Fizz goes out of 'blood bubbles'
For many of us, it was the novel Christmas gift that turned tapwater fizzy and made a cool whooshing noise to boot. For Teuila Field, though, the SodaStream machine in her kitchen has become the object of unexpected soul-searching.
Last week Field learnt that Israeli company SodaStream International, which made her environmentally friendly bench-top water carbonator, operates a large factory from within an Israeli settlement on the occupied West Bank.
For Field, that's "the beverage equivalent of buying clothes made in sweatshops".
Now she can't decide whether to throw it away (wasteful of the resources she was trying to conserve in the first place by refilling reusable bottles), keep on using it (supporting a regime she disapproves of ), or sit tight and hope that the company comes to its senses and moves its factory.
Field is not alone. SodaStream says it has six million active users of its machines. But its growing popularity and visibility worldwide are being matched by the growing clamour from pro-Palestinian activists.
Their attacks on SodaStream are part of a broader campaign for boycott, divestment and sanctions against Israeli companies, especially those active in the occupied territories.
Last week, things came to a head when the humanitarian charity Oxfam chastised Scarlett Johansson for becoming SodaStream's "global brand ambassador". She will appear in a TV ad for SodaStream during America's famed Super Bowl on February 2.
Rather awkwardly, the Hollywood star is already an ambassador for Oxfam. In a press release the charity said it "deeply value[d] Johansson's support" , but was "opposed to all trade from Israeli settlements, which are illegal under international law".
Janfrie Wakim, spokesperson for New Zealand's Palestine Human Rights Campaign, said activists here were aware SodaStream is a problem, but until now the company has received little organised attention of the kind that has seen retail stores picketed in Europe and the US.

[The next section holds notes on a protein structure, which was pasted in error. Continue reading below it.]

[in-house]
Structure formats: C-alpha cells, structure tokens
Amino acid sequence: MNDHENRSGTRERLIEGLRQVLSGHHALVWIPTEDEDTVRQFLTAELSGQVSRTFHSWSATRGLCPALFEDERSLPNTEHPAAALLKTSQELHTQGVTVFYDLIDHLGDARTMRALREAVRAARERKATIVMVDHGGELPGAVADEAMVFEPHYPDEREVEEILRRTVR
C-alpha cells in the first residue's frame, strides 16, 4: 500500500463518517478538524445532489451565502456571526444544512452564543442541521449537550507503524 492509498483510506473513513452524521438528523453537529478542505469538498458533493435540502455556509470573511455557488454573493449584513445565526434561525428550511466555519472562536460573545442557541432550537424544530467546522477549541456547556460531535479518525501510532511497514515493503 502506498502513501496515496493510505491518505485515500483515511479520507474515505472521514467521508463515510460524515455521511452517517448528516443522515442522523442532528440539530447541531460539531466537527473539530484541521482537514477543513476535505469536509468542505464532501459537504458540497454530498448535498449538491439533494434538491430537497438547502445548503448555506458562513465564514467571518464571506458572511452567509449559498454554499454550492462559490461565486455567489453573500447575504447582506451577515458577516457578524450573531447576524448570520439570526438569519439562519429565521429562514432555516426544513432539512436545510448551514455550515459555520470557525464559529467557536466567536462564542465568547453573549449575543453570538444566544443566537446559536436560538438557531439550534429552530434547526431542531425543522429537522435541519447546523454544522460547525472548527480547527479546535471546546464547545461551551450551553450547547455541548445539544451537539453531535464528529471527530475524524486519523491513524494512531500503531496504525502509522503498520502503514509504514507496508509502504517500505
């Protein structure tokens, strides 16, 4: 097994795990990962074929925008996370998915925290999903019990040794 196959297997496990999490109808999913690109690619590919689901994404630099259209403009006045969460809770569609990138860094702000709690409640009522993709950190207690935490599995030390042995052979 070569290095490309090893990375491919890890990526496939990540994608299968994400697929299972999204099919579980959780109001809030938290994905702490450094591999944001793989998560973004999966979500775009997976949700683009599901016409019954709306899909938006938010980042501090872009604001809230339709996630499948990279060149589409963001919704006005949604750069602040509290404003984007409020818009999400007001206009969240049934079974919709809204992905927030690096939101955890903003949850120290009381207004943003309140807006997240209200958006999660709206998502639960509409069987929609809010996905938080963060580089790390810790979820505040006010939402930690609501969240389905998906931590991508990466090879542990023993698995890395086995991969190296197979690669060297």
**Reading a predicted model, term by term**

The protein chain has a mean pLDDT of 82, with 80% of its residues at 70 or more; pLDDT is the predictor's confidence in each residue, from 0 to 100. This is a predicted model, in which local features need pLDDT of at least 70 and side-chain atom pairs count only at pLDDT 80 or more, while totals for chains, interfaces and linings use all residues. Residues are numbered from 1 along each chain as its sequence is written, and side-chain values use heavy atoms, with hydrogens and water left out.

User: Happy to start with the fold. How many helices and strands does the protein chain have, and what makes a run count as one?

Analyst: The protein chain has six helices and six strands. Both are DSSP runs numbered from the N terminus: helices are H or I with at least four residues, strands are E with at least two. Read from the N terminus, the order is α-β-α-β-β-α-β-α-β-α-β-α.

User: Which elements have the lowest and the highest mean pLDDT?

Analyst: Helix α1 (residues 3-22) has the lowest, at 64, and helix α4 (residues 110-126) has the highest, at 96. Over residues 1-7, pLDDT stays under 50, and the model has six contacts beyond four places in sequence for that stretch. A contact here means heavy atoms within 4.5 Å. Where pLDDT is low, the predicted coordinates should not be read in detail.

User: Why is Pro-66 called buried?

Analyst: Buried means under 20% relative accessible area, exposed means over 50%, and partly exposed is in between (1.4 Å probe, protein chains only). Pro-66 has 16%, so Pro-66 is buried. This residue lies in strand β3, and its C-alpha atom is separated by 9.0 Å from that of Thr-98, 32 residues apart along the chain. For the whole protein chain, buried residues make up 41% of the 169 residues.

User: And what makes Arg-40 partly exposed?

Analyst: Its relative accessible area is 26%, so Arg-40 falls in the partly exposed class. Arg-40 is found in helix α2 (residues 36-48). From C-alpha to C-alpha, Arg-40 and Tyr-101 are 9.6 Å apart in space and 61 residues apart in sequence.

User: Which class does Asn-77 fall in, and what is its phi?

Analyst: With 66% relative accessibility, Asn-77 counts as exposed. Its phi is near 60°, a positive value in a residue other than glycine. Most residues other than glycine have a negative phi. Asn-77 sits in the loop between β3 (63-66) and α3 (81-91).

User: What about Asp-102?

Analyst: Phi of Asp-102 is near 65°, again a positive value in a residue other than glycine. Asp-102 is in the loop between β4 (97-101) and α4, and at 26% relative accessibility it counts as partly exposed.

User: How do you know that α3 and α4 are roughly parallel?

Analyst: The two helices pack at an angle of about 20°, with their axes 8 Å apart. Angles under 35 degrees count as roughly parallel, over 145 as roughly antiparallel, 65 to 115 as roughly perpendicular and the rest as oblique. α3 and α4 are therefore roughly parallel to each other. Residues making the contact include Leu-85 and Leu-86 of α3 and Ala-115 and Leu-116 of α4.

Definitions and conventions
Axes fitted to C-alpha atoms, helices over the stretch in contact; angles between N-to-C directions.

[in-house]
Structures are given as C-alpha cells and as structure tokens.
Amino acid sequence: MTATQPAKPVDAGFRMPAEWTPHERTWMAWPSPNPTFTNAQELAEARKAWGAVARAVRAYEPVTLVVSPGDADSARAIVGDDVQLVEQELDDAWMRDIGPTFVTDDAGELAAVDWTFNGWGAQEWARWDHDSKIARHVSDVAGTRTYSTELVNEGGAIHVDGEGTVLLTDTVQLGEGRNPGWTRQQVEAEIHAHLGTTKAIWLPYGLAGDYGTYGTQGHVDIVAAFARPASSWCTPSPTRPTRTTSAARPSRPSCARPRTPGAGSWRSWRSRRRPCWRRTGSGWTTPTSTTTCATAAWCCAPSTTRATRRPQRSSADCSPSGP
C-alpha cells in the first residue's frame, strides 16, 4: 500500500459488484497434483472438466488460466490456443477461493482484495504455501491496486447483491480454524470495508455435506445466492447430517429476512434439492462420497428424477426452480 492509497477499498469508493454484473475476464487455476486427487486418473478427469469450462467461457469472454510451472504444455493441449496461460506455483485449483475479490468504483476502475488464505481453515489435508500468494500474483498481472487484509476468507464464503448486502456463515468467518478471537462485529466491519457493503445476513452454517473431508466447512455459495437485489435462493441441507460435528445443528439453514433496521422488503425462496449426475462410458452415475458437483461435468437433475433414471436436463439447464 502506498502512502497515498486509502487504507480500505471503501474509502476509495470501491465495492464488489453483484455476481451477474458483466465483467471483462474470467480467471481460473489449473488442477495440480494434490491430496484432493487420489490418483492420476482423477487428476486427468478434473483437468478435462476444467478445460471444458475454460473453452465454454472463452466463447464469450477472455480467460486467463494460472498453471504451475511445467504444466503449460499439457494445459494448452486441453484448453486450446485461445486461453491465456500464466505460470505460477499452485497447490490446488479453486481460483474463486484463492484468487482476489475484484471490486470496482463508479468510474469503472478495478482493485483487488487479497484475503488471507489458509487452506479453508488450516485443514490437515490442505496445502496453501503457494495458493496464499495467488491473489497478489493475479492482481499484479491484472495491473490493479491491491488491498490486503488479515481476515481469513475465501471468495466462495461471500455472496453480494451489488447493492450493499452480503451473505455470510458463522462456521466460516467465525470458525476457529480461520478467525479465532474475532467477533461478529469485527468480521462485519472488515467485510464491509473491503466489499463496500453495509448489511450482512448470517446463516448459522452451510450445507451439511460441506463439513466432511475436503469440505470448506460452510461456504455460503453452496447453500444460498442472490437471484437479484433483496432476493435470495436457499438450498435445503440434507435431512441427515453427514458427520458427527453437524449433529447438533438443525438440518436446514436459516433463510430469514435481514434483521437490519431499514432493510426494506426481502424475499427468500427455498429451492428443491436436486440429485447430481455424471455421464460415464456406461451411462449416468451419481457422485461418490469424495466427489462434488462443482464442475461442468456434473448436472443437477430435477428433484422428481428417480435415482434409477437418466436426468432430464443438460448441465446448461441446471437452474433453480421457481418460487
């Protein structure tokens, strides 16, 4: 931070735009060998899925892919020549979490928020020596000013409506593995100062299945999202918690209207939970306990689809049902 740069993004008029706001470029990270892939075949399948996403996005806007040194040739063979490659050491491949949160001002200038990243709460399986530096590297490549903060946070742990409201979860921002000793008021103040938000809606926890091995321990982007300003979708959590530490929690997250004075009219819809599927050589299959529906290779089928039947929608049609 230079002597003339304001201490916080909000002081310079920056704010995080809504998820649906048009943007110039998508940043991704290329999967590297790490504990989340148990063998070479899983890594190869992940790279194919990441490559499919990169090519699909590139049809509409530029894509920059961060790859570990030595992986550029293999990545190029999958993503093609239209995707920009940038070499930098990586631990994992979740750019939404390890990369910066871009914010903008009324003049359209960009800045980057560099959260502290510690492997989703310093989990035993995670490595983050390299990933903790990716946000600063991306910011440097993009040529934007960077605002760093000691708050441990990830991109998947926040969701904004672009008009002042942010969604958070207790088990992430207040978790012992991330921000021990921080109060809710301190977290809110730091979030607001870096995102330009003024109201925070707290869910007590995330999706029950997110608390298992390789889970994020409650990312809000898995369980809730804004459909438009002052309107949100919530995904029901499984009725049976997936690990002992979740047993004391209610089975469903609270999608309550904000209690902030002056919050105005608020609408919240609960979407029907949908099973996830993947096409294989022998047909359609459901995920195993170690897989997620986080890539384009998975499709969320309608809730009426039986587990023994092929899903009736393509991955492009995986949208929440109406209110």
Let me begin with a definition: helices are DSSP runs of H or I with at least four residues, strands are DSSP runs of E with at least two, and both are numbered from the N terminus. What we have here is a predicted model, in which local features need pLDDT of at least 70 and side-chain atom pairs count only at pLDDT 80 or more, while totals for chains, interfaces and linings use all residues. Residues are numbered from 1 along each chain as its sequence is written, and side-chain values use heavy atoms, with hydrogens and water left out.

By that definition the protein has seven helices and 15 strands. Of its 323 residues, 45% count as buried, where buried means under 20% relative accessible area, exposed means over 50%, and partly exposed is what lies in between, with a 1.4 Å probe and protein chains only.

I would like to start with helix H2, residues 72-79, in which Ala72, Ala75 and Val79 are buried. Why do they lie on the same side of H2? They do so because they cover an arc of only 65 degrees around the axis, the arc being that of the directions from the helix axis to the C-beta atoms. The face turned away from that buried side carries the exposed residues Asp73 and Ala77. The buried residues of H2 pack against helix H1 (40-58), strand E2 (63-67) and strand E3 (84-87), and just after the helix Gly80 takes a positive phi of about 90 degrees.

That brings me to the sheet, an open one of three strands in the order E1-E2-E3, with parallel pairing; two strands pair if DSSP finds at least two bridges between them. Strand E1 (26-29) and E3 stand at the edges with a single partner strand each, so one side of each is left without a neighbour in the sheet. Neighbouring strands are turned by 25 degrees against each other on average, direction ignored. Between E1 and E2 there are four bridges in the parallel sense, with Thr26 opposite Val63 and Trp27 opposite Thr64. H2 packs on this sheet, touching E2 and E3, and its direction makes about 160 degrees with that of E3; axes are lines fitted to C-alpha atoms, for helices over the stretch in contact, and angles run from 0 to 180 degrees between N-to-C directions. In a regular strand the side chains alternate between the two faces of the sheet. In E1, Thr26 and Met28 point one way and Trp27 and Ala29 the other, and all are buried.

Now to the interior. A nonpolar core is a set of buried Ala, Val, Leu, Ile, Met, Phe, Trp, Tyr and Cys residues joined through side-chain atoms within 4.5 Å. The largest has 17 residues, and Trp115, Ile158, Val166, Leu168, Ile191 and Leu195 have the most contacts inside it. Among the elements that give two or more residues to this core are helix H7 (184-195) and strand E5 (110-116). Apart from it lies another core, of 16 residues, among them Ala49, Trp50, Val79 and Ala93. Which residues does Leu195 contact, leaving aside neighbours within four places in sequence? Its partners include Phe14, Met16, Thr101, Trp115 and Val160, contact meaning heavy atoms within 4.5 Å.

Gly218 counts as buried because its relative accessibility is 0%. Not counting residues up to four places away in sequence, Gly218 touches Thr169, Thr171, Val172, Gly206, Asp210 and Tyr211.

Wakim said pickets and protests here this year were "a very realistic prospect", especially as 2014 is the "UN Year of Solidarity with the Palestinian People". SodaStream products are currently sold in most major New Zealand supermarkets and chainstores.
A recent article in New York Magazine said some politically conscious SodaStream owners had taken to hiding their machine under their sink to avoid being accused of keeping "blood bubbles" in their house.
Wakim compares SodaStream protests with boycotts of South African wine in the 1970s.
"It is certainly like apartheid-era wine. To be profiting from the labour and the land of an occupied people is against international law. Just as South Africa was an outlier in the 70s and 80s, Israel has been an outlier for a long time. It's time its practices were exposed and it was internationally shamed into conforming with international law, UN resolutions and the Geneva Conventions."
In a statement, a New Zealand spokesperson for SodaStream defended the company's practices. He said the facility in the "disputed" area of Mishor Adumim was just one of three in Israel and 25 worldwide.
He said the factory had been inherited by new management who took over in 2007, and a new "primary facility" was being built elsewhere in Israel in an area that is not disputed. He said there was nothing illegal about the factory nor its exports under UN, EU or other laws, that all employees were treated equally, and that the factory working conditions had passed external audits.
All the same, Field says if she'd known about the factory when buying her SodaStream, "I wouldn't have got it", and she'll now have to think twice about using it again. "By continuing to refill it, I'm still supporting that regime'.'
Field said worldwide, SodaStream needed to "tread very carefully" to avoid alienating its best customers.
"The kind of people who would buy SodaStream are the kind of people who want to have less of an environmental impact, so they are also the kind of people who are going to question the ethical background of the products they buy."
Field doesn't know if she'll be able to find an alternative brands of home-carbonators, but figures she'll survive regardless.
"I'm just as happy to stop using it. I've got perfectly good water coming out of the tap, and if it doesn't have bubbles in it, woopdedoo! First world problems. I don't want to support a product that's being made in illegally occupied territories."
Sunday Star Times